March was an important month for the financial markets as the banking sector went through its most challenging phase in over a decade. Top banks like Silicon Valley Bank, Signature, and Credit Suisse collapsed, leaving regulators looking for answers about the situation. Meanwhile, the Nasdaq 100 index moved into a bull market while Bitcoin inched closer to $30,000. As an agency specialising in financial marketing, our team has rounded up the top regulation changes in March, and now we’re looking at what’s coming up in April 2023.
CFTC crypto derivatives
The Commodity Futures Trading Commission (CFTC) made headlines in March when it launched a major lawsuit against Binance, the biggest company in the crypto industry. The lawsuit accused Binance and Changpeng Zhao of offering crypto derivatives services to American customers without registering with it.
According to US law, all derivatives providers in the US needs to register with the CFTC to safeguard their customers. That is important because of the substantial risks involved in the industry.
Binance responded by arguing that it did not provide services through its main platform to US customers. Instead, its services in the country happen through Binance US, which is regulated and compliant with American law.
SEC focuses on staking
The Securities and Exchange Commission (SEC) continued focusing on the cryptocurrency industry in March. Its main focus was on staking, which is a popular approach in the crypto industry. It involves delegating tokens to secure proof-of-stake (PoS) networks like Ethereum, Polkadot, and Cosmos.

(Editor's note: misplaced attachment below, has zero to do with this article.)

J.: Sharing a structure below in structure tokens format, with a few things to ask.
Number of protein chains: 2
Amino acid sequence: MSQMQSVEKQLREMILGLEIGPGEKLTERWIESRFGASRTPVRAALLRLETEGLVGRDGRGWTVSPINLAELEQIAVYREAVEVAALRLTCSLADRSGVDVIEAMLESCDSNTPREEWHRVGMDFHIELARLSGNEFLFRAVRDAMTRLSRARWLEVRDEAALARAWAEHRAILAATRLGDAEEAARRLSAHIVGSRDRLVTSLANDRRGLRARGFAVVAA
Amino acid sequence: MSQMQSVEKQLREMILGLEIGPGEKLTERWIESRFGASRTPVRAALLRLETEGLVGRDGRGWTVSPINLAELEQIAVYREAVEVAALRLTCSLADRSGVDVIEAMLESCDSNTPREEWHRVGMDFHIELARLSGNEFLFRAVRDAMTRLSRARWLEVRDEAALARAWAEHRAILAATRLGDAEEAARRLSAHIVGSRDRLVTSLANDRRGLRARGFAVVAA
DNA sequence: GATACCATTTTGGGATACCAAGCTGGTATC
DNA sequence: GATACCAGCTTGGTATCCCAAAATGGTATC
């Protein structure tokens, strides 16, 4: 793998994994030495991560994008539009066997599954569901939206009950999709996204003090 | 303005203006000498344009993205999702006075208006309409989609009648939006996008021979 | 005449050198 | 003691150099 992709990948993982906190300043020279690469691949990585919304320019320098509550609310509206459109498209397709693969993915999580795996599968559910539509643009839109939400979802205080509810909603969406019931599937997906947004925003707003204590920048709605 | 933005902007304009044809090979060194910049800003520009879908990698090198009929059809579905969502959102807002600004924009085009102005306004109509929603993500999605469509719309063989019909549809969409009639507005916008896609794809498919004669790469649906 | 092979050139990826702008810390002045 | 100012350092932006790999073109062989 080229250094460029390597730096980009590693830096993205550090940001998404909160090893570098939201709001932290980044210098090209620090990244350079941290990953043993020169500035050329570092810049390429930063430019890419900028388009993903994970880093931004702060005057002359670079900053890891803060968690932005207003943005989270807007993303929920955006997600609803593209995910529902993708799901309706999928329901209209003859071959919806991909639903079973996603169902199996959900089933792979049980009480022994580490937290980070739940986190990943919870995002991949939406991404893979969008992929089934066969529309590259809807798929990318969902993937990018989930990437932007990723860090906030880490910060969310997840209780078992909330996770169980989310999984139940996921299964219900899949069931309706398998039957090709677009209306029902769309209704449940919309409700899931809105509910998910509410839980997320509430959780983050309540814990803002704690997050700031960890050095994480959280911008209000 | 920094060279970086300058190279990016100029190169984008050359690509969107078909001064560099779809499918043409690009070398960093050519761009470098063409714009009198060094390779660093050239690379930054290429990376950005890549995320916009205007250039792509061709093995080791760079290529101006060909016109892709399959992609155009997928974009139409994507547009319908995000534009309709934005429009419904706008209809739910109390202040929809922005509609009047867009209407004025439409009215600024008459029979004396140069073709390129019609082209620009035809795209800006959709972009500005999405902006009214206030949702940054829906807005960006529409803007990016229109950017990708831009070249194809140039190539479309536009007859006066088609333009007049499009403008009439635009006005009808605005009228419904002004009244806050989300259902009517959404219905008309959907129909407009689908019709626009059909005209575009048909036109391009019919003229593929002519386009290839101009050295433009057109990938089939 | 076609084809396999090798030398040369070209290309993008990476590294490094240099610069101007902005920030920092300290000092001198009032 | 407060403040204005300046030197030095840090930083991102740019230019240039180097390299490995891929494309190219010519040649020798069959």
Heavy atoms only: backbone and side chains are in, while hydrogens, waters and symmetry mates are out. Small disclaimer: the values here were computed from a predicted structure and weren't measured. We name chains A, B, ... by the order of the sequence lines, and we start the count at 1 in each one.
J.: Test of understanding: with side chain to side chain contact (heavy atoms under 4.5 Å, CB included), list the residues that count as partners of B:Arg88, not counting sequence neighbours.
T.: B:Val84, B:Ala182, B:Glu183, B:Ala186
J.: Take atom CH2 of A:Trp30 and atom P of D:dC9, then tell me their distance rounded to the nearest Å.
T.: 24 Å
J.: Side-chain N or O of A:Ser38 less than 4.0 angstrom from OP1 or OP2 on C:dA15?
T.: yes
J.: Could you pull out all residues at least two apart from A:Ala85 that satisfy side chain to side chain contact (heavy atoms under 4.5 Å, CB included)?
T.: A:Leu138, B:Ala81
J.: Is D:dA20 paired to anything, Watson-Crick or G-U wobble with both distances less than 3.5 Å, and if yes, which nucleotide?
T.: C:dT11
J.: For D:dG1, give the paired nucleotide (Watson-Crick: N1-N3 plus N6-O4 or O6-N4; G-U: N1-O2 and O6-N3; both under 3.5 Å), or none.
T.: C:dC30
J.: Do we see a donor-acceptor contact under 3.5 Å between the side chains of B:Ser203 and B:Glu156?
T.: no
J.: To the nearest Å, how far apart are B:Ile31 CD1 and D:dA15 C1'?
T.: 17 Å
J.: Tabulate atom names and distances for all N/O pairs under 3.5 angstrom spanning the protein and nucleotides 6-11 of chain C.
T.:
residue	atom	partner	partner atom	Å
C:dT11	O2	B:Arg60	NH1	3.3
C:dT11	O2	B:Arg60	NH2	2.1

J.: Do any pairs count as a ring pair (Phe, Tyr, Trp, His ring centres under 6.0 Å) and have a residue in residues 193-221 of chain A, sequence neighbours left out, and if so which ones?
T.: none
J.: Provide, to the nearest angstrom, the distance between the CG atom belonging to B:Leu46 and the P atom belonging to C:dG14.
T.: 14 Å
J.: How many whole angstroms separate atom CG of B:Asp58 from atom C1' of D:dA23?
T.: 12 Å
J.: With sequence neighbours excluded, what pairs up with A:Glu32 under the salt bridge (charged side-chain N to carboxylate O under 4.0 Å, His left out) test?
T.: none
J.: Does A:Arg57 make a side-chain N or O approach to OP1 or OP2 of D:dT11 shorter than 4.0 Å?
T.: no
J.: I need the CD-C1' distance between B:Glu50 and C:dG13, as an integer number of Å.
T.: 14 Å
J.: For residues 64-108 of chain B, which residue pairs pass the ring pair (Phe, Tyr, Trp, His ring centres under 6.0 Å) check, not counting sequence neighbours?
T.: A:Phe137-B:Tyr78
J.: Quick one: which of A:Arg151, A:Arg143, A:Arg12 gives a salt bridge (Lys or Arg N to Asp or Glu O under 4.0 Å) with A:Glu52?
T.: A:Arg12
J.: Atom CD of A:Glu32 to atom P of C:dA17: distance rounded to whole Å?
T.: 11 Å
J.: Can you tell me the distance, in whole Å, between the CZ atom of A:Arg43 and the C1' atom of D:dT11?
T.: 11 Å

In February, the agency settled with Kraken, in a deal that the company paid $30 million, and ceased to provide these solutions. And in March, Coinbase received a letter from the SEC in which it warned that it will bring a lawsuit relating to its staking solutions. If the SEC succeeds, it means that many Americans will not have access to staking solutions, which provides them with yields for owning digital assets. In a statement, the company’s legal officer said:
If needed, we welcome a legal process to provide the clarity we have been advocating for and to demonstrate that the SEC simply has not been fair or reasonable when it comes to its engagement on digital assets.
SEC proposes new rules for financial firms
Cybersecurity has become an important area of focus as geopolitical tensions rise. Many countries, including the US, Russia, and North Korea, are investing heavily to gain an edge in the industry. Financial companies could be hurt by cybersecurity issues. In a statement, the SEC announced new cybersecurity rules for brokers and asset managers.
The new rules mean that these companies will need to inform their customers when there is a data breach in their institutions. This notification will need to happen no more than 30 days after the breach happens. Further, the rule will be accompanied by other expansions to the 24-year rules that govern financial firms’ protection of customer data.
Tougher banking rules
The collapse of Silicon Valley Bank and Signature were partly attributed to lax regulations in the banking sector. Critics cited a law change that happened in 2018 during the Donald Trump’s administration. These rules exempted banks of a certain size from strict financial regulations that govern the country’s biggest banks like Goldman Sachs and Morgan Stanley.